A doomed comet, previously unknown, enters on the left of the image on Dec. 22. Its path curves towards the Sun and on Dec. 23 it disappears behind the occulting mask of the coronagraph. It fails to reappear on the far side of the Sun. Whether or not its trajectory took it directly towards the visible surface, the comet must have evaporated in Sun's atmosphere. It was one of a family of comets known as sungrazers, believed to be remnants of a large comet that broke up perhaps 900 years ago. Other fragments were responsible for spectacular comet apparitions in 1843, 1882 and 1965.
Called Comet SOHO 6, it is one of seven sungrazers discovered so far by LASCO. Analyses of these cometary orbits, now in progress, are a prerequisite for their inclusion in the official record of comet discoveries. LASCO also provided unique pictures of Comet Hyakutake passing behind the Sun in early May 1996.
Debris strewn from the tails of many comets makes a disk of dust around the Sun, in the ecliptic plane where the planets orbit. It scatters sunlight and is sometimes visible attwilight on the Earth, known as the Zodiacal Light. In the raw images obtained by LASCO, the Zodiacal Light is brighter than the solar corona. Image processing subtracted these effects precisely, to bring the solar wind and the Milky Way into plain view.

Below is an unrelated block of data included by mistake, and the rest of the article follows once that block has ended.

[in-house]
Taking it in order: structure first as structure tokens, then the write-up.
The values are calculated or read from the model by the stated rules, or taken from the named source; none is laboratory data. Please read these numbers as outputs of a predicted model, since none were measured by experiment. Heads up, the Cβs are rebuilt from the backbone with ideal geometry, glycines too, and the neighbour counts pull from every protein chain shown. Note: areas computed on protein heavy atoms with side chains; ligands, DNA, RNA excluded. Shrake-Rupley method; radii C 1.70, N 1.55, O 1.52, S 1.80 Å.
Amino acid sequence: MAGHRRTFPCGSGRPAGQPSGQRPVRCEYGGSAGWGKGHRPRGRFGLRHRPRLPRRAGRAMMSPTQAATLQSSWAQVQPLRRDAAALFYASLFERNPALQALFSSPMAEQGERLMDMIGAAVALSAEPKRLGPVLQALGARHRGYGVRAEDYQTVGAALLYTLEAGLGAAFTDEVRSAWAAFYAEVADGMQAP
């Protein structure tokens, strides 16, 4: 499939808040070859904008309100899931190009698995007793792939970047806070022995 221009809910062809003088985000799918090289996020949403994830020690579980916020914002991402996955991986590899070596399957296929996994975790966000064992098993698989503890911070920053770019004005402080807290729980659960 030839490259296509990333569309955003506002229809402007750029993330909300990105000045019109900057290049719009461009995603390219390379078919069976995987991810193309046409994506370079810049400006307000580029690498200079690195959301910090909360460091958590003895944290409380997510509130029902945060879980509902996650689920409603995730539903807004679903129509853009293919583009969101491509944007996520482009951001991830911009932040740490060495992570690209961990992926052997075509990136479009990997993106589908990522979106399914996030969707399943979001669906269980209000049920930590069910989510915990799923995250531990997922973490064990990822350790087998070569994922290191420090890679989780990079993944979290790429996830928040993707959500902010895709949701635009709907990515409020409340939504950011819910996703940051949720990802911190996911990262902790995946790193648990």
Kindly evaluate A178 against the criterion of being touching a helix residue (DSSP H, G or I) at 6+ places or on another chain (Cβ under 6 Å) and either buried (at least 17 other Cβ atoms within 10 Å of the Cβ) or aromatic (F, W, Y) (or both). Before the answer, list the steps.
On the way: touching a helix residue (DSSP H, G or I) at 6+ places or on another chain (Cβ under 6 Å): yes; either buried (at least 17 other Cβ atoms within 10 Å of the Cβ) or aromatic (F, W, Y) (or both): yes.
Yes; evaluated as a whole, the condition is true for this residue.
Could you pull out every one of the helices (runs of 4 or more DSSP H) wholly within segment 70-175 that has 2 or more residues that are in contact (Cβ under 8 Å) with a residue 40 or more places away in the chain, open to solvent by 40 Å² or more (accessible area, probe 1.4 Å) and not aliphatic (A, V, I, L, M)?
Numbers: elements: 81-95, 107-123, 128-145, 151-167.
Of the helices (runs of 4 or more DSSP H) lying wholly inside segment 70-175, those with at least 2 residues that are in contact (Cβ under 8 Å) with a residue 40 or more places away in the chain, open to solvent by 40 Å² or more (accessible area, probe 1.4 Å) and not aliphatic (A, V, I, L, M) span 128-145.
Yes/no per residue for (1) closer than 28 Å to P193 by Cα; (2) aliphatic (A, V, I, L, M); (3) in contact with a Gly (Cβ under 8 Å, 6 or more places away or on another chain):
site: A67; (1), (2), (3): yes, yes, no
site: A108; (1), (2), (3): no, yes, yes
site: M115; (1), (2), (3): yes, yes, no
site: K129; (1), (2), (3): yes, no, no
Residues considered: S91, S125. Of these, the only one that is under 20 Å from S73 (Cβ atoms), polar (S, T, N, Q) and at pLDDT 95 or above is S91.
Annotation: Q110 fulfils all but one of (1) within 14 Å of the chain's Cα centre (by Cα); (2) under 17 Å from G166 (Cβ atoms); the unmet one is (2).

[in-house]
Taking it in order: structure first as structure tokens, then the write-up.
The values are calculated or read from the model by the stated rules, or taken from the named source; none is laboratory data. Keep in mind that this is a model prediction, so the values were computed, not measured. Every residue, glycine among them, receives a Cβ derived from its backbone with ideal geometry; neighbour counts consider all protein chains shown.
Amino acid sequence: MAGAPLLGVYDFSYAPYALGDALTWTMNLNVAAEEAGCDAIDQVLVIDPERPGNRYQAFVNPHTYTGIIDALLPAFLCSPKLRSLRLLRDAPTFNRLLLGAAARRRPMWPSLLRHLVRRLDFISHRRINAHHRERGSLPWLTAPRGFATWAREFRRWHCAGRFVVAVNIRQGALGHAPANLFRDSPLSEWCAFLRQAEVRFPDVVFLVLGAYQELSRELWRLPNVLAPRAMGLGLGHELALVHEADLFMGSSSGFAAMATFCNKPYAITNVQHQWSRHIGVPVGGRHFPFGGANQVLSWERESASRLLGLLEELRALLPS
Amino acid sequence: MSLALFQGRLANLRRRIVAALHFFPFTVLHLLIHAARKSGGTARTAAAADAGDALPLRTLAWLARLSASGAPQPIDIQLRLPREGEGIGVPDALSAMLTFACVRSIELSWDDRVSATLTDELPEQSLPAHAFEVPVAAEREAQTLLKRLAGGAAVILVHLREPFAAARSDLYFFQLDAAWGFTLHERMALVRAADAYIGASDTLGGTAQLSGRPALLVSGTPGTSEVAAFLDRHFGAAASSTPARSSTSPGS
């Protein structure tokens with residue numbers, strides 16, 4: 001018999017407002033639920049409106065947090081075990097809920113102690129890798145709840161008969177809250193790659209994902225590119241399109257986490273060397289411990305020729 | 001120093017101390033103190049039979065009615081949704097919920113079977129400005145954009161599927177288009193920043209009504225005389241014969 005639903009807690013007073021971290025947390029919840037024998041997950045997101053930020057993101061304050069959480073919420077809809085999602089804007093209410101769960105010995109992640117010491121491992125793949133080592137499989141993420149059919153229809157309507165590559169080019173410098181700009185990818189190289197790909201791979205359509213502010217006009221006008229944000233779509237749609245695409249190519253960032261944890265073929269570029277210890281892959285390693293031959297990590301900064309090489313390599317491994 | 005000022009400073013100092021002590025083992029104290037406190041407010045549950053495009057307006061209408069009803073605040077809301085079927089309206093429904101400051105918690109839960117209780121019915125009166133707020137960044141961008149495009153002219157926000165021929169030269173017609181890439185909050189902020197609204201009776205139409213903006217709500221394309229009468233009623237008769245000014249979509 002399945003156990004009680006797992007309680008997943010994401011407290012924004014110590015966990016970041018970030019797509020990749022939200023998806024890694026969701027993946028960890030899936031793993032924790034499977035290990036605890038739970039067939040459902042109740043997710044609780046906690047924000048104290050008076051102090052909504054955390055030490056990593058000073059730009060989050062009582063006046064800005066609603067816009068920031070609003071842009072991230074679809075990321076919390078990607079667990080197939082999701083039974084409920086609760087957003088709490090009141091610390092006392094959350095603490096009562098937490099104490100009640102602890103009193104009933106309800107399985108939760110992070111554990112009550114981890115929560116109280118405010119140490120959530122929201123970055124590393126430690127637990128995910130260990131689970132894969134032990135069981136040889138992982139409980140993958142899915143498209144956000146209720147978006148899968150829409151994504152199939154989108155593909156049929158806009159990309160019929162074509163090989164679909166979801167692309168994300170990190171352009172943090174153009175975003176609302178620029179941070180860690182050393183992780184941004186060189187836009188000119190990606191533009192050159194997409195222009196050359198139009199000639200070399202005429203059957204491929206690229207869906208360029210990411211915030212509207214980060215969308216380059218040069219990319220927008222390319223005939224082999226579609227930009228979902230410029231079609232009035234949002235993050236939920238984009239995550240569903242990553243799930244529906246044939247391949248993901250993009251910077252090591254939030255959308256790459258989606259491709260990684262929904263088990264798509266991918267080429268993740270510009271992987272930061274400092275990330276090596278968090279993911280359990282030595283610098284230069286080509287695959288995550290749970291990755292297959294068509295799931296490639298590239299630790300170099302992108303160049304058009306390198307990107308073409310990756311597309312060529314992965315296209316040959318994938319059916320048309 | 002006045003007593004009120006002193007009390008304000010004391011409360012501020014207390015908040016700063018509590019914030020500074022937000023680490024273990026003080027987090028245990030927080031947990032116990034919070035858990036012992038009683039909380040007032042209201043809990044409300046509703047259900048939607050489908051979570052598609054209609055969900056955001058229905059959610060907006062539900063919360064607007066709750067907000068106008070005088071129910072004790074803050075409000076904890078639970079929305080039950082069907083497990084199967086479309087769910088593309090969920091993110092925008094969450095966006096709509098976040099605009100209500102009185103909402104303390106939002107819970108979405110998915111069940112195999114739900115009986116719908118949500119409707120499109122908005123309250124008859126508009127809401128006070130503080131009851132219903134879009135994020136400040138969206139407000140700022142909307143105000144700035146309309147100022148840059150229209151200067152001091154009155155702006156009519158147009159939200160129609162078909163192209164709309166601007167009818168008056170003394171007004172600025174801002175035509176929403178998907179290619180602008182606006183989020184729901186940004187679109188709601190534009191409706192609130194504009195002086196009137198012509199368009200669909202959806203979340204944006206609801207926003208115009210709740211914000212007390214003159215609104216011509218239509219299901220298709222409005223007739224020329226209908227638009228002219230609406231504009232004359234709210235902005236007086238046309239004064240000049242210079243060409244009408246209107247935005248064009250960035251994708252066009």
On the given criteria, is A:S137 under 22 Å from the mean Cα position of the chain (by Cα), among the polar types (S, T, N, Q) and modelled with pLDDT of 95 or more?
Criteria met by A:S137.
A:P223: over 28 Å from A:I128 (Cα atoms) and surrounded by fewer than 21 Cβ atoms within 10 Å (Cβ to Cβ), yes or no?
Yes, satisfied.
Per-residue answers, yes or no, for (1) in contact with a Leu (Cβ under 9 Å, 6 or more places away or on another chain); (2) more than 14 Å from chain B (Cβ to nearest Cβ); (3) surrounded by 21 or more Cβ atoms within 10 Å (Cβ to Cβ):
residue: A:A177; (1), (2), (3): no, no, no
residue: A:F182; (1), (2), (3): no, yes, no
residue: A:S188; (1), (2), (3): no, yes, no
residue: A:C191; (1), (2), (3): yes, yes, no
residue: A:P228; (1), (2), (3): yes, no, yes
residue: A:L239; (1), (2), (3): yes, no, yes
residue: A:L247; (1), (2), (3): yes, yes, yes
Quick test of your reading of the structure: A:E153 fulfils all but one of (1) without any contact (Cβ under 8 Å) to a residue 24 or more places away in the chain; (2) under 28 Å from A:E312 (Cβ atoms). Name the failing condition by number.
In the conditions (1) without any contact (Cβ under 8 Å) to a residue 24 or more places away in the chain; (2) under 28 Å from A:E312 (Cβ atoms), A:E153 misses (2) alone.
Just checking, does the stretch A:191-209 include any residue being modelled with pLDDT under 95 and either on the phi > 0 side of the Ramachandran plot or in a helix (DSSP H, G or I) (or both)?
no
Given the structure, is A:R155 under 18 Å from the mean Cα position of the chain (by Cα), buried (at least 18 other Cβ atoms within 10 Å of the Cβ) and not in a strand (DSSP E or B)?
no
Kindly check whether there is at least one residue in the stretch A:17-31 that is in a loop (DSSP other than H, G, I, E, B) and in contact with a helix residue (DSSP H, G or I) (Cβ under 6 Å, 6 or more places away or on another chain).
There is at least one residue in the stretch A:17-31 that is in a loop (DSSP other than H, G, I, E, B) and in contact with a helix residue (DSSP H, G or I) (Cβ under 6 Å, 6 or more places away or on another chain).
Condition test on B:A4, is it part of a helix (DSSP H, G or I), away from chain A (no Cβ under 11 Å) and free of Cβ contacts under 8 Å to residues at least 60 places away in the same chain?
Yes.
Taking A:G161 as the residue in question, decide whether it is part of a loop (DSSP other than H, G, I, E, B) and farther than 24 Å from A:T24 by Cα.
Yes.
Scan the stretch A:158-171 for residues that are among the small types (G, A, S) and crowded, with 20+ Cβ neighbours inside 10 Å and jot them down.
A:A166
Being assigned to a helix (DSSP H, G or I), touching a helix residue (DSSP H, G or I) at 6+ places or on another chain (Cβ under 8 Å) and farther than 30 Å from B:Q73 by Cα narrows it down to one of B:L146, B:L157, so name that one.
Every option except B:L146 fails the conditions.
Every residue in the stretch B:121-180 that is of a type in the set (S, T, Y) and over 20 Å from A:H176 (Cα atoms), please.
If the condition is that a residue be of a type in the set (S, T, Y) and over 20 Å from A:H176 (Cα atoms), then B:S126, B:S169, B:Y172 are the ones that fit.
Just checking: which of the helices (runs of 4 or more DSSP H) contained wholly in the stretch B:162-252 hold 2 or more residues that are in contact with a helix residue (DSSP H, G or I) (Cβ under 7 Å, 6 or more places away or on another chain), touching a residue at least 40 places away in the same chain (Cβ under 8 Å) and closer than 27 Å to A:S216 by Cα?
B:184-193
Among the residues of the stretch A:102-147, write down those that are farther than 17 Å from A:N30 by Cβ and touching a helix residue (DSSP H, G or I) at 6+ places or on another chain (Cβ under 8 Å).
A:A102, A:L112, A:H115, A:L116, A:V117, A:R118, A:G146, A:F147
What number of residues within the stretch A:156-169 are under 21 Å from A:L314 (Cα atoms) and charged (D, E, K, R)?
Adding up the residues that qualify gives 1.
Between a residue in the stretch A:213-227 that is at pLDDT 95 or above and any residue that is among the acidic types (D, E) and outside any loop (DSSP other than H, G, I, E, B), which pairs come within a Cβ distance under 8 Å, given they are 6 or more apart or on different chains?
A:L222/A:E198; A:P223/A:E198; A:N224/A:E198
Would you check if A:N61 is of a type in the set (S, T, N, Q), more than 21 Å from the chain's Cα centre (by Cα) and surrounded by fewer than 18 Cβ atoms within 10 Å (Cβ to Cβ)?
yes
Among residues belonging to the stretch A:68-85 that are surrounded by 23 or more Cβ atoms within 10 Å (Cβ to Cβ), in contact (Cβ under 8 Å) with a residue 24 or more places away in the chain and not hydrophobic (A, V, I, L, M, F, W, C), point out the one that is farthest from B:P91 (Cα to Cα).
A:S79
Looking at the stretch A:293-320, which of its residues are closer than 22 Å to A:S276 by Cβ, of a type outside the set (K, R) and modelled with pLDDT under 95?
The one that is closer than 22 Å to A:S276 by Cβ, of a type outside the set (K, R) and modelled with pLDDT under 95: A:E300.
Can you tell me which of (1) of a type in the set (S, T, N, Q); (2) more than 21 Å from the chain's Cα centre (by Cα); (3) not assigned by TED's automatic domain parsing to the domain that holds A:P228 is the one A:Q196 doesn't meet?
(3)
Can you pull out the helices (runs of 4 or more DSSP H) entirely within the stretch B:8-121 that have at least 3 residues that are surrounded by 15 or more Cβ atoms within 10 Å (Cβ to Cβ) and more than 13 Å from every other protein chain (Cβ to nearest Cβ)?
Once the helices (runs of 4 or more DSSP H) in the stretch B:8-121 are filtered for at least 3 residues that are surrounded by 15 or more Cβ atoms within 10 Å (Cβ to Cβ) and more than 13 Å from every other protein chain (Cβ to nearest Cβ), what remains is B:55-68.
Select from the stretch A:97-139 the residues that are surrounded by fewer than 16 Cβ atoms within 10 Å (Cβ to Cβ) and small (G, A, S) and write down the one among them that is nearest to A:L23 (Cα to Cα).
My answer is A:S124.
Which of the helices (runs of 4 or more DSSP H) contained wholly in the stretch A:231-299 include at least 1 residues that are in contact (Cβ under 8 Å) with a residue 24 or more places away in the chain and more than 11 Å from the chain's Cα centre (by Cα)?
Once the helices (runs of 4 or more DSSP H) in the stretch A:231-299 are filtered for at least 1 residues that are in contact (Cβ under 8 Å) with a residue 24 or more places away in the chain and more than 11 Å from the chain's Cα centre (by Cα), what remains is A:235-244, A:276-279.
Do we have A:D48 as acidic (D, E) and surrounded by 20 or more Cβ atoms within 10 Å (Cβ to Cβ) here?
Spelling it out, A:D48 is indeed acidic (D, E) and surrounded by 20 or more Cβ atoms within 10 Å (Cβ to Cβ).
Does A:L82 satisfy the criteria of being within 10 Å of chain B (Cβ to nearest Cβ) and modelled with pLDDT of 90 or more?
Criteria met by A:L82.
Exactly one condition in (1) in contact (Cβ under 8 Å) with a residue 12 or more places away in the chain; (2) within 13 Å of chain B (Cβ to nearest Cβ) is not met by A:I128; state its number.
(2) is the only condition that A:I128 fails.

Random flickers of light in the images are due to cosmic rays striking the detector. Cosmic rays are energetic particles coming from exploded stars in the Milky Way, and variations in the solar wind influence their intensity in the vicinity of SOHO and the Earth. Operating beyond the Earth's protective magnetic field, which repels many particles, SOHO is more exposed to the cosmic rays.
In the largest outburst from the Sun seen in the December movie, a mass ejection causes billions of tons of gas to race out into space on the right-hand (western) side of the Sun. The origin of this event much lower in the Sun's atmosphere was evident in an expanding bubble seen in processed images from the SOHO extreme ultraviolet imager.
Coronal mass ejections are the hurricanes of space weather. SOHO is ideally placed to report and even anticipate their origins in the Sun's atmosphere. Although the Sun is supposedly very quiet at present, being close to the minimum count of sunspots, LASCO has observed so many outbursts large and small -- roughly one a day -- that scientists are having to think again about how to define a coronal mass ejection. Later LASCO images, from Jan. 6, 1997, revealed a large mass ejection directed towards the Earth.
The movie and still photographs related to it are available on the Internet at the Naval Research Laboratory's SOHO/LASCO home page:
A mission of international scientific cooperation between NASA and the European Space Agency (ESA), SOHO was launched on Dec. 2, 1995. It is situated near the L-1 Lagrangian point, where the Earth's and Sun's gravitational forces balance, some one million miles sunward from the Earth. This vantage point enables solar astronomers to use SOHO's 12 science instruments to observe the Sun continuously, with no intervening "night." Major areas of research include studies of the solar interior via helioseismology, the solar atmosphere in ultraviolet and visible light, and the solar wind and energetic particles.
SOHO and its instruments are operated from the Goddard Space Flight Center, Greenbelt, MD, for the NASA's Office of Space Science, Washington, DC.
Douglas Isbell Headquarters, Washington, DC February 14, 1997 (Phone: 202/358-1753) Public Affairs Office Naval Research Laboratory, Washington, DC (Phone: 202/767-2541) RELEASE: 97-28